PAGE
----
Review: Ankylosaur Attack

August 15, 2011

It’s hopeless for me to write an unbiased review about the book Ankylosaur Attack. Primarily, because it’s written by one of my favorite skeptics, Daniel Loxton, but also because it features my favorite dinosaur, the durable battle-armored ankylosaurus.

For those who are unfamiliar with Daniel Loxton, he’s the author/editor of the Junior Skeptic column in the back of Skeptic magazine. Junior Skeptic really stands out as a brilliant, gorgeously illustrated introduction to the scientific analysis of fringe ideas such as psychics, fairies, and mythical monsters. I can’t imagine anyone else that I would trust to be as accurate about relaying scientific information to children as Daniel Loxton, and I certainly can’t imagine anyone else who could translate that accuracy into such clever illustrations.

Daniel Loxton is also the author of the truly awesome book Evolution: How We and All Living Things Came To Be, a primer for kids on the subject of natural selection. There was a bit of a pseudo-controversy surrounding Daniel’s advice to young readers that questions about religion be directed toward pastors and parents, but I firmly agree with Daniel that the topic deserved to be addressed in a respectful way. Often, non-believers shoot themselves in the foot by insinuating that atheism be the key to opening the door to science; that kind of hard-lined attitude makes people of faith feel unwelcome in the wonderful world of natural discovery and scientific knowledge. Kudos to Loxton for making science accessible to EVERYONE, as it should be.

Ankylosaur Attack is a deviation from Daniel Loxton’s previous books because it is prehistoric fiction. It offers the story of a young ankylosaur being attacked by a hungry t-rex looking for a snack. The rendered graphics are phenomenal and really help stimulate the imagination with attention to detail and lighting. The plot is simple enough for younger readers, but also helps stimulate discussion for older readers about defensive and offensive genetic traits that have evolved in dinosaurs. What do ankylosaurs and turtles have in common? If you were a predator how would you try to eat them? Isn’t awesome that this extinct animal had an armored back to defend against attacks and also a cannonball whip for a tail?

Ankylosaur Attack is the first of a series of prehistoric fiction. I look forward to the rest in the Tales of Prehistoric Life series.

As an added aside, in honor of our local museum’s life-sized model ankylosaur, I decided to donate a copy of Ankylosaur Attack to the dinosaur library at Cincinnati Museum Center. It was tempting to keep the book for my daughters (pictured above), but I thought that it would be better served as a resource for other kids visiting the museum. So, here’s a photo of the book at Cincinnati Museum Center’s dinosaur library. Hope the museum visitors enjoy it as much as my kids!


ANNOUNCING: Parenting Within Reason

October 5, 2010

The co-hosts of Podcast Beyond Belief would like to invite you to the next phase of our efforts… “Parenting Within Reason

We’ve decided to rebrand our podcast as “Parenting Within Reason” to better identify ourselves as a resource for freethinking parents. We are still the official podcast of Foundation Beyond Belief, but we’re hoping that the new name will be more accurate and descriptive of our content, and more welcoming to a wider spectrum of parents.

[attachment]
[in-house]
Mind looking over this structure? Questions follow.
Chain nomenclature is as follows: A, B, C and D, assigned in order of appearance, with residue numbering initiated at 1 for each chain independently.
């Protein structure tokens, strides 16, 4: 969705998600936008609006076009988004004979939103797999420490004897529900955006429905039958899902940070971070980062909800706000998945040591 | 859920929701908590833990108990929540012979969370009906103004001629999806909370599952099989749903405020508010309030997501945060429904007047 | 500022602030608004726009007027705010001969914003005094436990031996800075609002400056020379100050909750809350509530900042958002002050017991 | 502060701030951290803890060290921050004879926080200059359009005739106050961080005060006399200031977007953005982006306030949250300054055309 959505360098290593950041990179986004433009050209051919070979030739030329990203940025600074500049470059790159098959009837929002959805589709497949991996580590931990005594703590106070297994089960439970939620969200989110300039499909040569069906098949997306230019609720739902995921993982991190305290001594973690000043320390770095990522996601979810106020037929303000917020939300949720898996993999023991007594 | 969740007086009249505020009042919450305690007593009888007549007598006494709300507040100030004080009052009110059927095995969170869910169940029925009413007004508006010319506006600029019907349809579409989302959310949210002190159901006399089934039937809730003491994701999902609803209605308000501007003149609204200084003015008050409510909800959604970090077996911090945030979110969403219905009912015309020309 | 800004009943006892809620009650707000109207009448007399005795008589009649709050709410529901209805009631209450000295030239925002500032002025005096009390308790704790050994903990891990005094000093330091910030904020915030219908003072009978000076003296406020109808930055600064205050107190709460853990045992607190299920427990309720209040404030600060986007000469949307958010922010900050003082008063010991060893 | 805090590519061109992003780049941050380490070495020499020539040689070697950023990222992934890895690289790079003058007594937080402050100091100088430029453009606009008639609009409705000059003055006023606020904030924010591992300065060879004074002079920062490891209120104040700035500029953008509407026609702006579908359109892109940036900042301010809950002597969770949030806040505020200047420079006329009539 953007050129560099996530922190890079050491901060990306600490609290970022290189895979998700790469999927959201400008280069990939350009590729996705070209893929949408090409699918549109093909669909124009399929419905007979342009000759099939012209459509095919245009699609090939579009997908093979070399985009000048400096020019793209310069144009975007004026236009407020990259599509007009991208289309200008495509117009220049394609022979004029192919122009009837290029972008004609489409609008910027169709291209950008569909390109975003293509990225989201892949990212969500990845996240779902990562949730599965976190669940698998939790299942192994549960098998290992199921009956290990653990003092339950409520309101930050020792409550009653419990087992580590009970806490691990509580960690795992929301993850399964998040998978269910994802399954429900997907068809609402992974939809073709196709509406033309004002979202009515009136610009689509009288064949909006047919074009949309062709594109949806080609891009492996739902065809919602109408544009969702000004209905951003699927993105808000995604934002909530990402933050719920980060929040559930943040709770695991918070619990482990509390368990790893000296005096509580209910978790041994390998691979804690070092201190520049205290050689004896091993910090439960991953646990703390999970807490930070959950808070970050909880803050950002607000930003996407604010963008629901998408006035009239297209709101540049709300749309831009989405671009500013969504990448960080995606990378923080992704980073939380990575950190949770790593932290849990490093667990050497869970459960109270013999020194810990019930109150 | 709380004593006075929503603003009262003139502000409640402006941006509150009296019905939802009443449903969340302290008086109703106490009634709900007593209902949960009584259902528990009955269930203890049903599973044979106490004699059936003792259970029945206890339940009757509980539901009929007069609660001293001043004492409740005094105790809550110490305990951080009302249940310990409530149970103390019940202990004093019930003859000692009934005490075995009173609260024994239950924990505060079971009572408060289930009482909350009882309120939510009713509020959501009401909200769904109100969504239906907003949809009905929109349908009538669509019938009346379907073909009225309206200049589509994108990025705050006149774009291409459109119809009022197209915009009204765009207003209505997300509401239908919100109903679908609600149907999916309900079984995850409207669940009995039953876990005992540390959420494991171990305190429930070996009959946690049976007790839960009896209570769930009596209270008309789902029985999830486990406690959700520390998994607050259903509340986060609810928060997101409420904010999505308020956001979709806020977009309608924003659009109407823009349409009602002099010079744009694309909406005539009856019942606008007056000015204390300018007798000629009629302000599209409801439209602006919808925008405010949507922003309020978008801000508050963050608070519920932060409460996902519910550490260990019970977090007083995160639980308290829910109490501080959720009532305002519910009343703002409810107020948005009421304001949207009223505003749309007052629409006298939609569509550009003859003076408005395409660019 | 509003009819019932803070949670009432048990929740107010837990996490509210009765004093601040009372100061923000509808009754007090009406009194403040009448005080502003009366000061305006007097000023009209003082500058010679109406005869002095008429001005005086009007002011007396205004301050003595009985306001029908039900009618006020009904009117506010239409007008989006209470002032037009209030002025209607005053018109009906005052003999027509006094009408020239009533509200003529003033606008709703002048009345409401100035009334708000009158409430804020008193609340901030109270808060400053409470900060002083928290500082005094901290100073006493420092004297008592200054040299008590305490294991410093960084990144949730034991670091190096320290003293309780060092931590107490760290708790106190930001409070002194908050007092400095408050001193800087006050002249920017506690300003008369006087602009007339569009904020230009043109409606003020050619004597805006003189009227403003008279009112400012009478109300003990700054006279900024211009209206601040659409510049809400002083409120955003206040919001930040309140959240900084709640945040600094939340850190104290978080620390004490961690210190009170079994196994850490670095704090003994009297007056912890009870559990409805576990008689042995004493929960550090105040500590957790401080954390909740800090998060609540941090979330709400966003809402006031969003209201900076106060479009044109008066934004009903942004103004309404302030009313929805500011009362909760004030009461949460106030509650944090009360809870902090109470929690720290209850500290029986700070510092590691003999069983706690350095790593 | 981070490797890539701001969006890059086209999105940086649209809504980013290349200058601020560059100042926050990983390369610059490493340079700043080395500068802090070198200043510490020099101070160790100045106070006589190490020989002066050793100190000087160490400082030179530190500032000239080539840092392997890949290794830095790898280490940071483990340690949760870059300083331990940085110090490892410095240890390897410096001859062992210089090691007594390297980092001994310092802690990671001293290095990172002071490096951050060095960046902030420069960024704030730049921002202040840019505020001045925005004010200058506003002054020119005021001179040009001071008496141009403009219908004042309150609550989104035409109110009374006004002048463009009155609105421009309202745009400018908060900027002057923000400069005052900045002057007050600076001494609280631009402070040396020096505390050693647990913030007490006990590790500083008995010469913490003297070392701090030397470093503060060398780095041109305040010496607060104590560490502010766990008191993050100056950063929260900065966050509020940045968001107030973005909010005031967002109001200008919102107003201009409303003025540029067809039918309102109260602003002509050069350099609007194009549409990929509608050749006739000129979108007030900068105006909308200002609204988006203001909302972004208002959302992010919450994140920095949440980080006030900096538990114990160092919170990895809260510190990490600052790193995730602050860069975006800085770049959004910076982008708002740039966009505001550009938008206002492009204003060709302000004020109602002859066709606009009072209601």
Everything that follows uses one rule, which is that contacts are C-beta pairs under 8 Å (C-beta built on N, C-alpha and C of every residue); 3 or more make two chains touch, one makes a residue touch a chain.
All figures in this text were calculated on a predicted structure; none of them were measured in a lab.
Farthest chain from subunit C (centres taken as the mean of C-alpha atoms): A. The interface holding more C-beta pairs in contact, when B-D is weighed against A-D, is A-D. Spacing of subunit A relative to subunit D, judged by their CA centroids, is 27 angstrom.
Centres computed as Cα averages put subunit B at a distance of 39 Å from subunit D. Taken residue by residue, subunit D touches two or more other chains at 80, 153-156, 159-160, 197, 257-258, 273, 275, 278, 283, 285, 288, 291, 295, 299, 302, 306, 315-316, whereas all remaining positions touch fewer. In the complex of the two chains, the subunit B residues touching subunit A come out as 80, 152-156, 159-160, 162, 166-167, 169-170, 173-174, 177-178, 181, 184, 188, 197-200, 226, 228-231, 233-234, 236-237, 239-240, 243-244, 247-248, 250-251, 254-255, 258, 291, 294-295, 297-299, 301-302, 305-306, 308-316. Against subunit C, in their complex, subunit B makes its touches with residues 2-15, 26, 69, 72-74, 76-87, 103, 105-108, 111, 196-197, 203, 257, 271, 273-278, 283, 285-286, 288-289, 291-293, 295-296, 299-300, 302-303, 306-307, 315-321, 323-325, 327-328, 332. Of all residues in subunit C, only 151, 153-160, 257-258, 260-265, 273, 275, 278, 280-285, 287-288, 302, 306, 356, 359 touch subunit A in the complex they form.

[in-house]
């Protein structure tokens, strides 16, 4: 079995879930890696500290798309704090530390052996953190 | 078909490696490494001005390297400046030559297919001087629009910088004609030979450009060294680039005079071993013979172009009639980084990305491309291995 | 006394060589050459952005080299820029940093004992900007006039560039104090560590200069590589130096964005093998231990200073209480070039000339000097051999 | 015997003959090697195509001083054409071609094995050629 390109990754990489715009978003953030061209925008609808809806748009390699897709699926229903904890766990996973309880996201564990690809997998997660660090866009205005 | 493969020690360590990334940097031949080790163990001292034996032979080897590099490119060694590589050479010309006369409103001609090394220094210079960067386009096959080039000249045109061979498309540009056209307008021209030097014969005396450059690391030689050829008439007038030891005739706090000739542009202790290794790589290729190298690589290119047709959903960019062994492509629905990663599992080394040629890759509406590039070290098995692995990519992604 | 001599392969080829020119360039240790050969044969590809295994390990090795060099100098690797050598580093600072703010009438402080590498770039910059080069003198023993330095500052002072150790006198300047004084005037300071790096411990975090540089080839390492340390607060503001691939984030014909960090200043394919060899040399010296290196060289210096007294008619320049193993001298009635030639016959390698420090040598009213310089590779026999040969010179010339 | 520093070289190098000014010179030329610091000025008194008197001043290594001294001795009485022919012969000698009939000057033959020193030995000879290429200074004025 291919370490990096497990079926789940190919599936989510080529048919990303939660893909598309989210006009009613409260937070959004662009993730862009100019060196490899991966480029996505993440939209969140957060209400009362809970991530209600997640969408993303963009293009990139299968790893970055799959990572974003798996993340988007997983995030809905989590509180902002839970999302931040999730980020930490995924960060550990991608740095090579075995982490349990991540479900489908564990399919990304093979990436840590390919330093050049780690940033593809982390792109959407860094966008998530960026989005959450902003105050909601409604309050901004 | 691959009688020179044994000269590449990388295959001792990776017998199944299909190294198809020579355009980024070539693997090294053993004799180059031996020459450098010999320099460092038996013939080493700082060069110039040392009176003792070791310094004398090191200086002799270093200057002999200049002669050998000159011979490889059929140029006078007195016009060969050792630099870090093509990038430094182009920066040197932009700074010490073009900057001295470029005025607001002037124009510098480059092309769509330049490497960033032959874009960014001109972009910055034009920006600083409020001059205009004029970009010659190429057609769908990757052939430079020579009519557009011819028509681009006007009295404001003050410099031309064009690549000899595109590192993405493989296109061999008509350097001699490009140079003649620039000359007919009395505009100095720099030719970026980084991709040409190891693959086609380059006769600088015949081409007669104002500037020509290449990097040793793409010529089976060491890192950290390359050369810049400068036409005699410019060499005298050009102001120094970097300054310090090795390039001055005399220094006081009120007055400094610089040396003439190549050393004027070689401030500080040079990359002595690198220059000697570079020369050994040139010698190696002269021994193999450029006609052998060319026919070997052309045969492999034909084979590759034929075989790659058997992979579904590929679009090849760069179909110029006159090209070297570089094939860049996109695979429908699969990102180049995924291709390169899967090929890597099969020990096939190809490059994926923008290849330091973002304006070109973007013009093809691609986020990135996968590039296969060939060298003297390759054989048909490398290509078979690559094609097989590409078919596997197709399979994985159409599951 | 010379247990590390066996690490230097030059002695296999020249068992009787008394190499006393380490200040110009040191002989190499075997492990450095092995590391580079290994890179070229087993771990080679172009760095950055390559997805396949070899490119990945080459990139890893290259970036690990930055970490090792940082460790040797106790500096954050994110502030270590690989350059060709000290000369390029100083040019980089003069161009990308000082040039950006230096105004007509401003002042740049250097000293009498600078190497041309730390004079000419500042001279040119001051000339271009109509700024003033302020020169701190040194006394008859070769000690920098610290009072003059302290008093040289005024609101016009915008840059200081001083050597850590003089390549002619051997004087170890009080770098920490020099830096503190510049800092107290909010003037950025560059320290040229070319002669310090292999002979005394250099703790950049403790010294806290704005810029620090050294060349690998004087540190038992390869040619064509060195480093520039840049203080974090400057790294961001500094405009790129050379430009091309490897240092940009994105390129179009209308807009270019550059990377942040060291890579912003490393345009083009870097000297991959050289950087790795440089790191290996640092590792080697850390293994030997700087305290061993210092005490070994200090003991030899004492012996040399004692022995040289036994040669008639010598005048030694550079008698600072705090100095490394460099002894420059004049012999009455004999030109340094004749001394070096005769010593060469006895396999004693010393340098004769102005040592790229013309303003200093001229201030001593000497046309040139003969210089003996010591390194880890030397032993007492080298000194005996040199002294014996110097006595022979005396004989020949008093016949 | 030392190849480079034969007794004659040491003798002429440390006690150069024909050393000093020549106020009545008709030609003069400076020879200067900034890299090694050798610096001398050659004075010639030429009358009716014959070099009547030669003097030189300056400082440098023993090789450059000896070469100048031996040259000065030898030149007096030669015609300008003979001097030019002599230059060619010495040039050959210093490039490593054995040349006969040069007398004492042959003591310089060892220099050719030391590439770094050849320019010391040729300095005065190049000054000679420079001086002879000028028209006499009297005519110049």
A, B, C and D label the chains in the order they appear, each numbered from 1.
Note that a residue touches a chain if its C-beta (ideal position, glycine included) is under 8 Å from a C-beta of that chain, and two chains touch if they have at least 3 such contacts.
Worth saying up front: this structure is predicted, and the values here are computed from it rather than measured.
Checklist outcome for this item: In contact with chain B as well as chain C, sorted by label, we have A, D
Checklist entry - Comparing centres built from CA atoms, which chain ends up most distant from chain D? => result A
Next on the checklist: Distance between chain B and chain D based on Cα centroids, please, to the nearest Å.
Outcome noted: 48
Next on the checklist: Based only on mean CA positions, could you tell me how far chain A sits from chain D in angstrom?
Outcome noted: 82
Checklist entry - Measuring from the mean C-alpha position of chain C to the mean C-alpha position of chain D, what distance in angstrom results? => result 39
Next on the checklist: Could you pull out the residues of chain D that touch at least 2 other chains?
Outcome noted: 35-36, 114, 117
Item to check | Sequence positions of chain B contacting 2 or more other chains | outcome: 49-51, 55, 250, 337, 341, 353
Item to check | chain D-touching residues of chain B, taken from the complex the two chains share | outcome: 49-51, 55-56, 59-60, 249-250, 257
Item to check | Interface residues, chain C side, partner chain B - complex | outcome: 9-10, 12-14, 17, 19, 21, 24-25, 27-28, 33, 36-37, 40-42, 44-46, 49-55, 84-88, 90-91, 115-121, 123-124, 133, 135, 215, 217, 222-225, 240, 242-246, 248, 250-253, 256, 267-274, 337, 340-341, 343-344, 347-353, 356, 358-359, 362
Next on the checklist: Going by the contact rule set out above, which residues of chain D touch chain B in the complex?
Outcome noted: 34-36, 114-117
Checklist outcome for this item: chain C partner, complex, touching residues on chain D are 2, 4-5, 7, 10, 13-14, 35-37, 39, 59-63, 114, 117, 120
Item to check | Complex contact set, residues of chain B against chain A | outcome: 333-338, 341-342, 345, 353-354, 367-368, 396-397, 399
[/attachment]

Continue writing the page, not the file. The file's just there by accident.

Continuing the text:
Hopefully, you’ll like the improvements we’ve made to the show. We have a new surf rock inspired theme song, musical bumpers in between segments, and finally, voice overs from our “Voice of Reason”, Mr. George Hrab.

We’re also spicing things up with weekly guest co-hosts – eventually, we’ll discuss whether we’d like to invite someone new to the show. Please let us know if you would like to participate, or if you have a favorite.

Our new podcast name does not require you to resubscribe. We’ll be using the same feed and starting with episode 30. Our first guest will be Kate Miller of Charlie’s Playhouse and our first guest co-host will be Mike Meraz of the Actually Speaking podcast.

You can visit our feed page at… http://parentingwithinreason.com

Episode 30 was just published!

Part of this rebrand is an effort to maintain a higher standard of ethical integrity. We’ve received complaints in the past that we include too many anecdotes and not enough facts. Admittedly, we use the science reporting merely as a spring board for discussion, and none of us are actually scientists (nor ever claimed to be), but we do our best as busy parents to contact original sources and explore all angles of the research.

We welcome corrections, and we encourage dialogue and communication about anything we may have misinterpreted. Please let us know. We read every letter.

You can write us at pwrpodcast@gmail.com

Please subscribe to the new “Parenting Within Reason” facebook page. This allows us to send you updates to our latest episodes, news about our previous guests, videos, links, etc. Plus, we’ll start using the discussion page for anyone who wants to talk about the latest episode or ask questions. The original PBB page will be deleted toward the end of the week.

Thanks again for listening. We work really hard on this podcast with very little time in our busy schedules as parents. It means a lot to know that people subscribe and enjoy the show.


By the power of Dragoncon! I HAVE THE POWER!!!

August 30, 2010

In two days, I’ll be driving down to Atlanta with Rob and Laurie Tarr. I’m sure we’ll be geeking about the nerd buffet that will be waiting for us in Dixie. This year, I’ll be wearing a costume…

I used to be a big GIJOE fan in my younger years, so I thought I’d put my nostalgia on display for all to see. Wish me luck that I don’t get tackled by law enforcement toting my submachine gun around the city.

I’m also going to be proudly displaying a new shirt that I designed (available for sale on Zazzle).